The city plans to contribute $100 million in funding for NYC Care, which de Blasio described as "a really smart down payment on a lot of good things it'll yield later on". "In this city, we're going to make that a reality", de Blasio said.
During his presser on Tuesday, de Blasio said he will continue to support statewide and national efforts to move toward single-payer, and characterized NYC Care as an immediate solution for hundreds of thousands of uninsured New York City residents. "Don't feel you can't afford it. Get the health care that you need when you need it".
The mayor has styled himself, in his 2017 re-election campaign and during his second term, as a progressive leader on issues like health care and as a bulwark against the policies of President Trump, particularly on immigration.
Every person participating in the plan, called "NYC Care", will be assigned a primary care doctor.
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"This is the city paying for direct comprehensive care (not just E.R.s) for people who can't afford it, or can't get comprehensive Medicaid - including 300,000 undocumented New Yorkers", the mayor's spokesman, Eric Phillips, wrote on Twitter. The plan will cover everyone regardless of ability pay or immigration status, according to a local news report. Right now, he explained, numerous city's uninsured put off medical attention when they need it because they assume they can't afford it. And we have now in New York City something that we can build on. "They're still a part of our community, they need health care, their families need health care".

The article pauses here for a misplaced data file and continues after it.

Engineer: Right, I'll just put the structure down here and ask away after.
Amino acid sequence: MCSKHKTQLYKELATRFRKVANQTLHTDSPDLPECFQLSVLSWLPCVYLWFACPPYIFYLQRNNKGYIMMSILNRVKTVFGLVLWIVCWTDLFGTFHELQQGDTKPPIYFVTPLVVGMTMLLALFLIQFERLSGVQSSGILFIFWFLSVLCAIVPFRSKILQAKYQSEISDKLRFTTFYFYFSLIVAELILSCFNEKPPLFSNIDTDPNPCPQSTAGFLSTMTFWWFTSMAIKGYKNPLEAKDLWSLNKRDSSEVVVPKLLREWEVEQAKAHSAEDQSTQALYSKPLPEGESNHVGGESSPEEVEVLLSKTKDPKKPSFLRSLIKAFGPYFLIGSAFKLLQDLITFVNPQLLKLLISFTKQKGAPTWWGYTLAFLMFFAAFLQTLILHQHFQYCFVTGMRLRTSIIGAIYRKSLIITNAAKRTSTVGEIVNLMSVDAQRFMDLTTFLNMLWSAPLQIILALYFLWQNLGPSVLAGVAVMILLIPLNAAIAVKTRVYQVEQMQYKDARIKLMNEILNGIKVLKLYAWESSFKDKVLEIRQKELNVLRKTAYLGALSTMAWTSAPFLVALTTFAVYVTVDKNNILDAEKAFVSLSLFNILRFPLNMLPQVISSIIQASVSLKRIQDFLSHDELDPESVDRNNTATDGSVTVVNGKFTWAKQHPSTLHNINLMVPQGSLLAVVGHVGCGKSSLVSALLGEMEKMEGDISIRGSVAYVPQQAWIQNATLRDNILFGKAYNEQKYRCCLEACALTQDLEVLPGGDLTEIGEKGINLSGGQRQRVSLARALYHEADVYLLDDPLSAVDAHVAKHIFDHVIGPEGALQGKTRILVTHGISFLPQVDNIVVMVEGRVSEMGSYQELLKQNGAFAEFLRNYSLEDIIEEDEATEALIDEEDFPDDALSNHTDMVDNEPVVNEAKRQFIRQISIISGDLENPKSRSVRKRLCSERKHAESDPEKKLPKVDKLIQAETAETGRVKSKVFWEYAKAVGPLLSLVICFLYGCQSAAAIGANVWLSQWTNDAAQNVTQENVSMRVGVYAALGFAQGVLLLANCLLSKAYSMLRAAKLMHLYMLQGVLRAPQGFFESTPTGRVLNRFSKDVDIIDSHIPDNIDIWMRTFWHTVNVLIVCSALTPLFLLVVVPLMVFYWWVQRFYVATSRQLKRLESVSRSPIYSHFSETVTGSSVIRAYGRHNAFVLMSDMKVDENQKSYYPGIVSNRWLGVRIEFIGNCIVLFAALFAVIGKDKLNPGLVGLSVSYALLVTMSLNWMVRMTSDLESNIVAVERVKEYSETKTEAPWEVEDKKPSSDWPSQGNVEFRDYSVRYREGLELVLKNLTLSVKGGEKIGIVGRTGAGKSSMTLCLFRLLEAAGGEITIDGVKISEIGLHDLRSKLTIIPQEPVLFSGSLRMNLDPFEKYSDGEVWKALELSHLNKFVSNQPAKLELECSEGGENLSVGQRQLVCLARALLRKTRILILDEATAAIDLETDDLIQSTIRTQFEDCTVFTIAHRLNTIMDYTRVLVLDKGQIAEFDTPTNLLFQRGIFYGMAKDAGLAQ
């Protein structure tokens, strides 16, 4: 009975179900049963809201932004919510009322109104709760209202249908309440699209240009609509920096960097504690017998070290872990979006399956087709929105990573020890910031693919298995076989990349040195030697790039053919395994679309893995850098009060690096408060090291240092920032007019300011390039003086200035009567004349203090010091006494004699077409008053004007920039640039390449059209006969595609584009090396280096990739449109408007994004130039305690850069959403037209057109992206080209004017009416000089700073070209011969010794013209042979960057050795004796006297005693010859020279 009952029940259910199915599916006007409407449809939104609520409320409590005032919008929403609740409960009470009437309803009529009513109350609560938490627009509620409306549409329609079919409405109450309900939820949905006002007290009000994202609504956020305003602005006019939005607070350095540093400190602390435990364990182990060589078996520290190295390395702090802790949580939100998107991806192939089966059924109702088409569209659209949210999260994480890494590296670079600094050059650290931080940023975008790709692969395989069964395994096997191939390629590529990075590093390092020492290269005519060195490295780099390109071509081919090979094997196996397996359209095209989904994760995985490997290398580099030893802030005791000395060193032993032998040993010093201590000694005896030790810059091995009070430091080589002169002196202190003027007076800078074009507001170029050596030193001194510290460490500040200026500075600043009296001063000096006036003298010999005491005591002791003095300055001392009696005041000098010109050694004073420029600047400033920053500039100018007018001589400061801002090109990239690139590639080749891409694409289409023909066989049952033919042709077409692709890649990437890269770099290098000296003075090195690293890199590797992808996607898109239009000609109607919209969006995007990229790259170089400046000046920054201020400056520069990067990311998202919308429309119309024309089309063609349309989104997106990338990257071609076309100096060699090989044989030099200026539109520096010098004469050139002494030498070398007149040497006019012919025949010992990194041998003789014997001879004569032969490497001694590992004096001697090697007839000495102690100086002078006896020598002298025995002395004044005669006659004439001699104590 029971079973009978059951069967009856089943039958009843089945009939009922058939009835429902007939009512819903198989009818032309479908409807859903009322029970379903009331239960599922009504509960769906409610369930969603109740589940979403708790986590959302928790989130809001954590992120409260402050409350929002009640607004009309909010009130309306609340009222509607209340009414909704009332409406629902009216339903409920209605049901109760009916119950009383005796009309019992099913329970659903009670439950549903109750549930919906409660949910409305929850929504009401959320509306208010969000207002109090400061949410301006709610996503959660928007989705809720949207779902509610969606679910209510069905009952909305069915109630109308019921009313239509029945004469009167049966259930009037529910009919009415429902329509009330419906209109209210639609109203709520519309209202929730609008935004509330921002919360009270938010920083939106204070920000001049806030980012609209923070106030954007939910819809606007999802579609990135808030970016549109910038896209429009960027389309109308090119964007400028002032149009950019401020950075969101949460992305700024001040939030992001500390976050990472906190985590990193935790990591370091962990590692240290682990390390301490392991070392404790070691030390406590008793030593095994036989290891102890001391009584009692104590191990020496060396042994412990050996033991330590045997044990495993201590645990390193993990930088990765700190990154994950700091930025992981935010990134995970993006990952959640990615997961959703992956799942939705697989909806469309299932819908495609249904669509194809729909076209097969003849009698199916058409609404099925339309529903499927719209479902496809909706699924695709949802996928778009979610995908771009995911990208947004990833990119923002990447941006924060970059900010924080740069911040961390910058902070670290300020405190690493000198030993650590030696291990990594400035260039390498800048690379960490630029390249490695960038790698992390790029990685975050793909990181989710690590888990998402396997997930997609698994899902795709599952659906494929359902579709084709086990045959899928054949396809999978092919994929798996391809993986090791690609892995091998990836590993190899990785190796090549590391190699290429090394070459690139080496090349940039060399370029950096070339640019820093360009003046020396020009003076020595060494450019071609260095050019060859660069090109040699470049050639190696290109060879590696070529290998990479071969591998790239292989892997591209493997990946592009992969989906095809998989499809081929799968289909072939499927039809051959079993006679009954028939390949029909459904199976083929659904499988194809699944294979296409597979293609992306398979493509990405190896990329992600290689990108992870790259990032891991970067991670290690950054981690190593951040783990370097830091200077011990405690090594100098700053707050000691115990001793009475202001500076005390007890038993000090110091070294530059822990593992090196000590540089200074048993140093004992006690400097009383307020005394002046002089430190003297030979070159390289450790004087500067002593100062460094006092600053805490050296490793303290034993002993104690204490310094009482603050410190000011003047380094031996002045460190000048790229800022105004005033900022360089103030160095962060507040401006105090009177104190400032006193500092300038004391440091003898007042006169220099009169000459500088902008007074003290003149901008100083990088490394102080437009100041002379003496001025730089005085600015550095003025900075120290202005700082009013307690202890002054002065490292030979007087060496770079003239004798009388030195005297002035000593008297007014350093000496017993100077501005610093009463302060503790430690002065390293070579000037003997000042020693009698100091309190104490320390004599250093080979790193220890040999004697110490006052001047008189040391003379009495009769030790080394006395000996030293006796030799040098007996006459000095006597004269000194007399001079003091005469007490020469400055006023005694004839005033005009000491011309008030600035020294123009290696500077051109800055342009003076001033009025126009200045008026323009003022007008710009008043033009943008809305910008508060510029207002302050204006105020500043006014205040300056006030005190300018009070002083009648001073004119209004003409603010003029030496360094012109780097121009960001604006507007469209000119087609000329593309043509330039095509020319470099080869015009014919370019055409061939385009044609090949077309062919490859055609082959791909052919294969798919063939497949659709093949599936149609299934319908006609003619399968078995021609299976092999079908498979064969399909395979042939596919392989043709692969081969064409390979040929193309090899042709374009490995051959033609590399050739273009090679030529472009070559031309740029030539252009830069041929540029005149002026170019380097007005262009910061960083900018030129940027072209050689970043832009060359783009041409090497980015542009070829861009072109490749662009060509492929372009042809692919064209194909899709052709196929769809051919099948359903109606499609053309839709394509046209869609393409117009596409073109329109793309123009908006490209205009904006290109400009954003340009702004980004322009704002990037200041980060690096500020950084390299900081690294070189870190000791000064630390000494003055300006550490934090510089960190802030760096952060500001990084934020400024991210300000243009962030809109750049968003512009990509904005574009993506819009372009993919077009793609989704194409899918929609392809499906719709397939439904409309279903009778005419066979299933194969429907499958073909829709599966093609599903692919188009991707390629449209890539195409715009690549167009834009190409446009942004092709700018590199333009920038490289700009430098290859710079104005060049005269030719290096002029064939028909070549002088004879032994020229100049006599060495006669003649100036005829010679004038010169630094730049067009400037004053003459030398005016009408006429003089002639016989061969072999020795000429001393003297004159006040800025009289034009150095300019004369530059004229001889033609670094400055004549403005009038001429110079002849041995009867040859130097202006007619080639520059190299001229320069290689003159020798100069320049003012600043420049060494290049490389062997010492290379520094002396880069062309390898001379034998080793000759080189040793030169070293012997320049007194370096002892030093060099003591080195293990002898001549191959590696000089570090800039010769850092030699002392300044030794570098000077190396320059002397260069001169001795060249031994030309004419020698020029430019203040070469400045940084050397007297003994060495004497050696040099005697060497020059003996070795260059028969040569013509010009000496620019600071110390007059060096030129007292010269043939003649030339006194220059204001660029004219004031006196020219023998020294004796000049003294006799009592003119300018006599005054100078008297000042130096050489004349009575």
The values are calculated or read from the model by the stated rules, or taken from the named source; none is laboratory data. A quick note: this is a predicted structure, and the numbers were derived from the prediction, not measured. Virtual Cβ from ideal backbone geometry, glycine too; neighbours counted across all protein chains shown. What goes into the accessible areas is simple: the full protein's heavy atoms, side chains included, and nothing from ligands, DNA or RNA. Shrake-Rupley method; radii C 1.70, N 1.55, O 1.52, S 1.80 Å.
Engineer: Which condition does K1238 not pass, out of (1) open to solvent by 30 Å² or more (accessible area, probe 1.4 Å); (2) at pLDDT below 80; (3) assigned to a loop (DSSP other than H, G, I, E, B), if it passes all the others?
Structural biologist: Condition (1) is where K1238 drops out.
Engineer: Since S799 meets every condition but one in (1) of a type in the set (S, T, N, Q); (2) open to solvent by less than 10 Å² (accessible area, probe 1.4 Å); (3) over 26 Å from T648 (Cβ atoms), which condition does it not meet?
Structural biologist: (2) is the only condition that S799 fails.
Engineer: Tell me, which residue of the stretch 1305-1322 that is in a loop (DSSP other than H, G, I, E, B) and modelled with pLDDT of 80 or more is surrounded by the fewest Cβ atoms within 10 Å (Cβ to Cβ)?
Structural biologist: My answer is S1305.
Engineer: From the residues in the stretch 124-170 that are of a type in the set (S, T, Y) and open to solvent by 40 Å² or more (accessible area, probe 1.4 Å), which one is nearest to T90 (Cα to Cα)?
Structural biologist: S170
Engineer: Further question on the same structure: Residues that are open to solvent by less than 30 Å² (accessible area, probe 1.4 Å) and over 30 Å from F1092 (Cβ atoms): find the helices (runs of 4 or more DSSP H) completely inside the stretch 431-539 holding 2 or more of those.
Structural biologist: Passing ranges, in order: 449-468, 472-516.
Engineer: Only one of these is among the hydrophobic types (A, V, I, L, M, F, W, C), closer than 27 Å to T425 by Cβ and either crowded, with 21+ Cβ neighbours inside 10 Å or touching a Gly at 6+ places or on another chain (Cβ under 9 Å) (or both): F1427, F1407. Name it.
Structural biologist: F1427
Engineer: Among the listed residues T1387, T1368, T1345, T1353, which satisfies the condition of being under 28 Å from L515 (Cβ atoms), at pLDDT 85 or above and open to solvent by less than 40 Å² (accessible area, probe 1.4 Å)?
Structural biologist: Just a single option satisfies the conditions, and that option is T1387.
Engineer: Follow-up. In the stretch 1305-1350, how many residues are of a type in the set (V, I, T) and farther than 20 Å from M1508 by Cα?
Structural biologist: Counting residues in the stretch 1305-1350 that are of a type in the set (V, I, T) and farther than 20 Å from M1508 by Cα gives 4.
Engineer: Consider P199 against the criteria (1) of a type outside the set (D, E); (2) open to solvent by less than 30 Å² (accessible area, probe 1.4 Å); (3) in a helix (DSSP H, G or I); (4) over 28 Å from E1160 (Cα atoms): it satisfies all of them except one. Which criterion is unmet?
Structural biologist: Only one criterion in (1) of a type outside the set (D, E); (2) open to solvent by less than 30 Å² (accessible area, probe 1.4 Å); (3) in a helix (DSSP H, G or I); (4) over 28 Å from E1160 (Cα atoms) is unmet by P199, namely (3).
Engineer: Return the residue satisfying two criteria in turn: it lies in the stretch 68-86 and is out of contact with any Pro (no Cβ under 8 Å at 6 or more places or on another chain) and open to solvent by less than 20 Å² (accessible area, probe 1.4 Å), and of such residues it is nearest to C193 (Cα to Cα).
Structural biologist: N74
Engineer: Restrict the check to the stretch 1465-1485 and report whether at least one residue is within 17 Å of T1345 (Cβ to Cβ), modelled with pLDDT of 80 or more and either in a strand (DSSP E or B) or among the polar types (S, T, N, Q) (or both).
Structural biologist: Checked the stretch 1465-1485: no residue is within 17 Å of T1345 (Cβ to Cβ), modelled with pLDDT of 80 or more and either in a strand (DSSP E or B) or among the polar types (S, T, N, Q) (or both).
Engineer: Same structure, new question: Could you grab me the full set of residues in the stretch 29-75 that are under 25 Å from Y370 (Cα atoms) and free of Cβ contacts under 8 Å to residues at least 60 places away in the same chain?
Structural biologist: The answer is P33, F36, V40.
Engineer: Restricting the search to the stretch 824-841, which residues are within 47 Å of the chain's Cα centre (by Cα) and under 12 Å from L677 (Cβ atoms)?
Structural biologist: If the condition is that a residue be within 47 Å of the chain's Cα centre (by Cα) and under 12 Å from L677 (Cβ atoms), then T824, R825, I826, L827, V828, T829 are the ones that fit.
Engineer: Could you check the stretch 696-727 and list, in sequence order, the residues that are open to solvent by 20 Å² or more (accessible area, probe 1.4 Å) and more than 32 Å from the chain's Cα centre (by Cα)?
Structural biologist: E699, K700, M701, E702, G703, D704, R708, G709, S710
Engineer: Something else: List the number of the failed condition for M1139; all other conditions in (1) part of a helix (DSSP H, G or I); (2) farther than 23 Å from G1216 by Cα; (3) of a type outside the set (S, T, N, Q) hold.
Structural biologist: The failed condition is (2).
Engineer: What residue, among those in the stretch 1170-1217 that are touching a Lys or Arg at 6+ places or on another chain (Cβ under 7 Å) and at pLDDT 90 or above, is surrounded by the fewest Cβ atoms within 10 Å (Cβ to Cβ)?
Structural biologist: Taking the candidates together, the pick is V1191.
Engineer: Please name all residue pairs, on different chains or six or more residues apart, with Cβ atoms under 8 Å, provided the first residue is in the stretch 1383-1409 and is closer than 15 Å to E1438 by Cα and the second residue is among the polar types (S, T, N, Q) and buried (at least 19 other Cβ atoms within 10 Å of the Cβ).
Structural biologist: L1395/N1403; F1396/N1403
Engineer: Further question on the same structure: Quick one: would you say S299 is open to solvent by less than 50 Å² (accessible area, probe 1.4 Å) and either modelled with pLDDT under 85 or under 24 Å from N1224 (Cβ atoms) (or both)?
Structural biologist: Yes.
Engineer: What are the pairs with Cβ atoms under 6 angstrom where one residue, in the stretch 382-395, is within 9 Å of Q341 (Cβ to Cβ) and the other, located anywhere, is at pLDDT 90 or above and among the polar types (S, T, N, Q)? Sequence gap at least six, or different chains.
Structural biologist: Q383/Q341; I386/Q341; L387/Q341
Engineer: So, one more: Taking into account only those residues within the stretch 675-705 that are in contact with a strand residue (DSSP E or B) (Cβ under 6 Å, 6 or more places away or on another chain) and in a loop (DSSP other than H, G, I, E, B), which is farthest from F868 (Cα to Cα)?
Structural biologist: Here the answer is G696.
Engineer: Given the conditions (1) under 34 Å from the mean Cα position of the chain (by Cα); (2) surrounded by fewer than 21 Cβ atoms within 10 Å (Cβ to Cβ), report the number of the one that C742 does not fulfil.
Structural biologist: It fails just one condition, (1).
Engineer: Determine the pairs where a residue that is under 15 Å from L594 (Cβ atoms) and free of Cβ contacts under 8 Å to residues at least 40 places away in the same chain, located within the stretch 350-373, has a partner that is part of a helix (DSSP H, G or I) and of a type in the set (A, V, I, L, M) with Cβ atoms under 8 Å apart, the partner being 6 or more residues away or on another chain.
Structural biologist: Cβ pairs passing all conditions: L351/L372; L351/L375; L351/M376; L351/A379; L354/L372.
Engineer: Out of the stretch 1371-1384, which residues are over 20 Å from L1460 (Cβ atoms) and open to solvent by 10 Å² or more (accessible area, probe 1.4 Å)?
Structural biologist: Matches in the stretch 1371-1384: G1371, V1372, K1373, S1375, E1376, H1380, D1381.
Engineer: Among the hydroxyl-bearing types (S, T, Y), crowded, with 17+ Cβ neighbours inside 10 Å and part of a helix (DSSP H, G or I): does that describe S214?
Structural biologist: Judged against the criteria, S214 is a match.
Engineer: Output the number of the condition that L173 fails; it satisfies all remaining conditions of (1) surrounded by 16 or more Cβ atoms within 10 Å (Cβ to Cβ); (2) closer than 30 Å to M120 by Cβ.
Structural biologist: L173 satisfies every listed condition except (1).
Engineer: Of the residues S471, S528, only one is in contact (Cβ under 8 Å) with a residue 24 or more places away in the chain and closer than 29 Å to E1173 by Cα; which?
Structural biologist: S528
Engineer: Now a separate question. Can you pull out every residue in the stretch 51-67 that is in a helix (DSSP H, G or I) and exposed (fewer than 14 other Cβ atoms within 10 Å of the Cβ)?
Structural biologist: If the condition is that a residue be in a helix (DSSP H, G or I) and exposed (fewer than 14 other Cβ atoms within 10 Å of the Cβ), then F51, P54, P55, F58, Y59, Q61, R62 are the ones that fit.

There are now about 600,000 New Yorkers who were not able to be covered under Obamacare, many of them younger people who do not think they need insurance, he added.
De Blasio said, as it is, people are using the emergency room as "default health care provider for so many people in this country. That's the ideal, that what we need", de Blasio said. The mayor is trying to do what some of his predecessors attempted-shift patients away from the emergency room and into primary care, or clinics. Trying to take away the right to health care. The panel concluded, in the words of a Newsday editorial, that "for patients, emphasis would be on primary care instead of hurried emergency-room sessions and days of hospitalization". The mayor does not plan on raises taxes to pay for the plan.
When the reporter further pressed the mayor for an answer, de Blasio said, "We're first getting people health care".